Missing exceptions in PEP 3107
cito at online.de
Sun Aug 10 13:18:58 CEST 2008
>> The expr in that "raises" clause should be a list of Exceptions.
> You are clearly confusing the annotation feature with a possible
> application of the annotation feature. Annotation could be used for
> many different applications besides type safety.
Sorry, I wanted to say "*could* be a list of Exceptions". Though this is
the most obvious application. In the end, the annotations need to be
given a semantical meaning anyway.
> Annotation simply creates a dictionary. The name `return` was chosen
> for the return value because it _is_ a keyword and therefore could not
> conflict with the name of any of the parameters. Using "raises" would
> mean that we would have to introduce the name "raises" as a new
> keyword. It would be better just to use they existing keyword "raise".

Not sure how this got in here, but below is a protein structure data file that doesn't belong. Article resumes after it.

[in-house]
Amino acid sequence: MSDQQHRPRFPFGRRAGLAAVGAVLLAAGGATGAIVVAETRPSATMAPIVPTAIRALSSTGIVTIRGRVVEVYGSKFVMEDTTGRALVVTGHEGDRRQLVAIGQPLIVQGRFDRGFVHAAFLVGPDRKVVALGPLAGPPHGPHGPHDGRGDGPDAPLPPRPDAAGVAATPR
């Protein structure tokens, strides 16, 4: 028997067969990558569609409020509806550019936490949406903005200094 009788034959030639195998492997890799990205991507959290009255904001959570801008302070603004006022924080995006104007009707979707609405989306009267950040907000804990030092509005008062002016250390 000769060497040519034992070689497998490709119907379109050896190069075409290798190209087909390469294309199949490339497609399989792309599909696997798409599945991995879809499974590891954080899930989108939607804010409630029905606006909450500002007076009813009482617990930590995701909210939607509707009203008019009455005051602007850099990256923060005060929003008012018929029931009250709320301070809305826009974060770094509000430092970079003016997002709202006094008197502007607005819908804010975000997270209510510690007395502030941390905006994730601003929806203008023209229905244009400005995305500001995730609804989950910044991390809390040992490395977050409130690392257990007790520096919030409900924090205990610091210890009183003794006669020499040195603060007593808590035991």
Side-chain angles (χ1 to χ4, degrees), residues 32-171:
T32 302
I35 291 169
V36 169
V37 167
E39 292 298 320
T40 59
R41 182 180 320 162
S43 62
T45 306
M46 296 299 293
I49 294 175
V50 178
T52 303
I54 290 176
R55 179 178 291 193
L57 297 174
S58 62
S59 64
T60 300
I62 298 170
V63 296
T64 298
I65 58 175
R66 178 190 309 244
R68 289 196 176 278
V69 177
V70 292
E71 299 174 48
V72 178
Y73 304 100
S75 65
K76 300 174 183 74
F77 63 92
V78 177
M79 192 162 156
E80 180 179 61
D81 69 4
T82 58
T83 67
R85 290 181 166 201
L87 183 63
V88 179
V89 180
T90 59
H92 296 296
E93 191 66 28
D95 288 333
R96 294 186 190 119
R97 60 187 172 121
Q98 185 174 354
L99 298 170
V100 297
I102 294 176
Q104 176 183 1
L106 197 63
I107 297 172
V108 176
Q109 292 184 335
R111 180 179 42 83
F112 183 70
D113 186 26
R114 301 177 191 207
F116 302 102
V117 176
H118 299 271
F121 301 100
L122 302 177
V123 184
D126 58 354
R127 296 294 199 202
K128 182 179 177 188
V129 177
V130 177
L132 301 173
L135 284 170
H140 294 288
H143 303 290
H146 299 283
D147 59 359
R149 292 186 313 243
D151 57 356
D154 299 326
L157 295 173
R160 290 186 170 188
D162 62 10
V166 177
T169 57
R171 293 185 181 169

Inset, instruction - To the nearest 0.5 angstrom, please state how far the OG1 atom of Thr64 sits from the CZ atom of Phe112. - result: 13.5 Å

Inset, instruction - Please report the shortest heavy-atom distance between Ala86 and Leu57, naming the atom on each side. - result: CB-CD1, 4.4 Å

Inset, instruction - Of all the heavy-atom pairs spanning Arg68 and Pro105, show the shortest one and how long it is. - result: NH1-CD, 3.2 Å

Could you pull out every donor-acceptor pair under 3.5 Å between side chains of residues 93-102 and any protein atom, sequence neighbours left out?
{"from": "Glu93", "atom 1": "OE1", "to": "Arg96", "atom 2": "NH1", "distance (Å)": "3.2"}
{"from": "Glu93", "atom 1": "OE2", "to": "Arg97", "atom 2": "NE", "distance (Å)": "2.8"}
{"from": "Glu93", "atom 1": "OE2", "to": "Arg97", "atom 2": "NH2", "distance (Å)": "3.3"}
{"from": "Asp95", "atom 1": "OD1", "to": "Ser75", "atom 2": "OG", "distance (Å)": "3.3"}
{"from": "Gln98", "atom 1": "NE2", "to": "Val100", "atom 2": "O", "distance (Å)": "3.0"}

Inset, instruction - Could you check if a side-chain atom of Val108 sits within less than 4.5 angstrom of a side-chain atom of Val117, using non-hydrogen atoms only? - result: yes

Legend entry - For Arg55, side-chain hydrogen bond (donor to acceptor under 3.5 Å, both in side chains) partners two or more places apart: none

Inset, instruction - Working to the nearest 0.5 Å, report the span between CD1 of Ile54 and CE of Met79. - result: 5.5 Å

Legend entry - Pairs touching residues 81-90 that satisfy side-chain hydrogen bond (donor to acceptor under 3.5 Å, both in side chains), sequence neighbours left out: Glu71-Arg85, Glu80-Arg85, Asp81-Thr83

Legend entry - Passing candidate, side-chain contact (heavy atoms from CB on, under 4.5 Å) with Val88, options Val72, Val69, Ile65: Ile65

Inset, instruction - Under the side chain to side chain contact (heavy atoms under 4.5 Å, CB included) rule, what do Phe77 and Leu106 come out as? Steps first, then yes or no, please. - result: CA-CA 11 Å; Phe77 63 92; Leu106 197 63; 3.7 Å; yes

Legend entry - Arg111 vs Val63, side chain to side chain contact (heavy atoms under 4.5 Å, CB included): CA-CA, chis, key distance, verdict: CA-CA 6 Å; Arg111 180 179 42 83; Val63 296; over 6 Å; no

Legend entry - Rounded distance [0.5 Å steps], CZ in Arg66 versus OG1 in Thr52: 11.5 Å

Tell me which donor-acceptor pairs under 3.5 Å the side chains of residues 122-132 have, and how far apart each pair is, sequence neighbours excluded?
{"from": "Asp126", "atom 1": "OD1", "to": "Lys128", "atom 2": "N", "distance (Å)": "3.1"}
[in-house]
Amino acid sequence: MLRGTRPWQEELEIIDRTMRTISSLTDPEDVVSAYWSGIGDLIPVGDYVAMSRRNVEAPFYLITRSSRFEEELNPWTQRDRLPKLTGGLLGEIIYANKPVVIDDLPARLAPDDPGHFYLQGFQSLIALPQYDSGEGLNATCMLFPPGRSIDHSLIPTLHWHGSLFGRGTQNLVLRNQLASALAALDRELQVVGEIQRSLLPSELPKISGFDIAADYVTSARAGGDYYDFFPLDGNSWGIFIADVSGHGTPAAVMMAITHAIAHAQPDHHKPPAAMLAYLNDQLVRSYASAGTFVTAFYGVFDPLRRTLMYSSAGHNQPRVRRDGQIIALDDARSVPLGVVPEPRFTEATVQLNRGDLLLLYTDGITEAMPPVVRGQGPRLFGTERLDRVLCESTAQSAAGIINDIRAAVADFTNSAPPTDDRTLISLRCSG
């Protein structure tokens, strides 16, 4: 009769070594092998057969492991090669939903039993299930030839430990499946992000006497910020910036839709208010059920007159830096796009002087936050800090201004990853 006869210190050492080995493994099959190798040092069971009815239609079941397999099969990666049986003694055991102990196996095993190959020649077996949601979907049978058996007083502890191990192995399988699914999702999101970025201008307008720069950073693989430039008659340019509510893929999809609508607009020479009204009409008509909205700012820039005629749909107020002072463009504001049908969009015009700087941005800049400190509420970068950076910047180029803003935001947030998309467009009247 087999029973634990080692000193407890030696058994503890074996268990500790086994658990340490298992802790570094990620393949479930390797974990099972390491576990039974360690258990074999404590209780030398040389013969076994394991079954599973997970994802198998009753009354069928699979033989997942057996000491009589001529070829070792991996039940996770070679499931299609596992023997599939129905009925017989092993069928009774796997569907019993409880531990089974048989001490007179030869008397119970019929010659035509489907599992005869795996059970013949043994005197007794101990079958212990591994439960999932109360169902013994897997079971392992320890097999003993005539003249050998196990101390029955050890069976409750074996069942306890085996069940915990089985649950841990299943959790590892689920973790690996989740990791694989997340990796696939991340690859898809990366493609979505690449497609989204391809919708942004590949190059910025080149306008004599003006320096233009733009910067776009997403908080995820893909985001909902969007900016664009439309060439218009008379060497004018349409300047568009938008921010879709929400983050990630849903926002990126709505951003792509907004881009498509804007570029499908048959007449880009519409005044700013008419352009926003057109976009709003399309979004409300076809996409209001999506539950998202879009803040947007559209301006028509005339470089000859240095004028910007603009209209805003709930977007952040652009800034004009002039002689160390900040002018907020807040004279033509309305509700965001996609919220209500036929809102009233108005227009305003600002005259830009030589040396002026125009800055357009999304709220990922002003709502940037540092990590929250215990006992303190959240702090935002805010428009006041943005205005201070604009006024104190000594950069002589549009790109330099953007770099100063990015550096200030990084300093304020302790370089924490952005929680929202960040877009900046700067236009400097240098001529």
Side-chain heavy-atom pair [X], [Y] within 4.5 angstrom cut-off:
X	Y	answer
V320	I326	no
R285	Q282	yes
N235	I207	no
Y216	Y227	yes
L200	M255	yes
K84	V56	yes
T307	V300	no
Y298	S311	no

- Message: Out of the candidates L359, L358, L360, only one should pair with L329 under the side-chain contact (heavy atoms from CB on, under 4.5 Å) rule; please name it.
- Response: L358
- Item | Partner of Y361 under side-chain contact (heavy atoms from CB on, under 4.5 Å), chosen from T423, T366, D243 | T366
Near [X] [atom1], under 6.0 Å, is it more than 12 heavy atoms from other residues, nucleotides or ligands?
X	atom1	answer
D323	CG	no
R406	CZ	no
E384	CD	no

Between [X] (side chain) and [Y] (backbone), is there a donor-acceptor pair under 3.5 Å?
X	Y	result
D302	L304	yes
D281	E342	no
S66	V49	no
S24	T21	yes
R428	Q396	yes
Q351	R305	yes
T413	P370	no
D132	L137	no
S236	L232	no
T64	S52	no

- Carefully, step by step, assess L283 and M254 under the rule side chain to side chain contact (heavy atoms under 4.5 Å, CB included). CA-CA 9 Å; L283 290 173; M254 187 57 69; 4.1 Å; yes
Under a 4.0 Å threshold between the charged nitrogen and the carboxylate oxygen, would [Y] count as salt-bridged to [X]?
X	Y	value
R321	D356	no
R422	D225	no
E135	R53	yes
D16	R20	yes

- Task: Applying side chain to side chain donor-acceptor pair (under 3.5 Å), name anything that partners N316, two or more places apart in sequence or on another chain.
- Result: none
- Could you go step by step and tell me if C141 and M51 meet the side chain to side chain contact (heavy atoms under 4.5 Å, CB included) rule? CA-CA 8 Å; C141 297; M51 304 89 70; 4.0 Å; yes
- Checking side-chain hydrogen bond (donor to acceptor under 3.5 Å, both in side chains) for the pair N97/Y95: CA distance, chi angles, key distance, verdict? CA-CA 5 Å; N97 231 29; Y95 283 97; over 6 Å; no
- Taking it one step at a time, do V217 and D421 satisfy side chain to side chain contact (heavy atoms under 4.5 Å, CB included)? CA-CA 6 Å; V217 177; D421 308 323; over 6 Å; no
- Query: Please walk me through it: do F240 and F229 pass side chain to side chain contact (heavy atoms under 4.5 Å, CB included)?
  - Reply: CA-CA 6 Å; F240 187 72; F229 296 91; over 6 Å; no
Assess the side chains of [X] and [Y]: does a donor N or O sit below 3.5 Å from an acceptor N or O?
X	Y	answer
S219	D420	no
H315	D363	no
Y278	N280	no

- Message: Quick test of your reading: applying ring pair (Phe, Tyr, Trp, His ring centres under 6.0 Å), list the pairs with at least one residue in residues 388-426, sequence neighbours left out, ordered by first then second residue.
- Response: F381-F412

Yes, it later also occured to me that it ought to be an existing
keyword, i.e. "raise" (or maybe "except"). That's porbably the reason
why it is "throw" in C++, and not "throws".
> With all of that being said, a package or application that uses
> annotation could simply use the data-structure associated with
> "return" to also contain exception information. That might not seem
> intuitive, but keep in mind that the value associated with "return" in
> the associations dictionary is going to be a special case anyway.
> def foo(a: "a info", b: "b info") -> "return info", "exception info":
> return "hello world"
That would be possible. But I still think it makes sense to separate
them, like so:
def foo(a: "a info", b: "b info") -> "ret info" raise "exc info":
return "hello world"
And then the annotation dictionary would contain another key "raise"
containing the exc info. This cannot conflict with the name of any other
Maybe the following syntax would be even more intuitive:
def foo(a: "a info", b: "b info") return "ret info" raise "exc info":
return "hello world"
I don't know how determined the "->" syntax is already.
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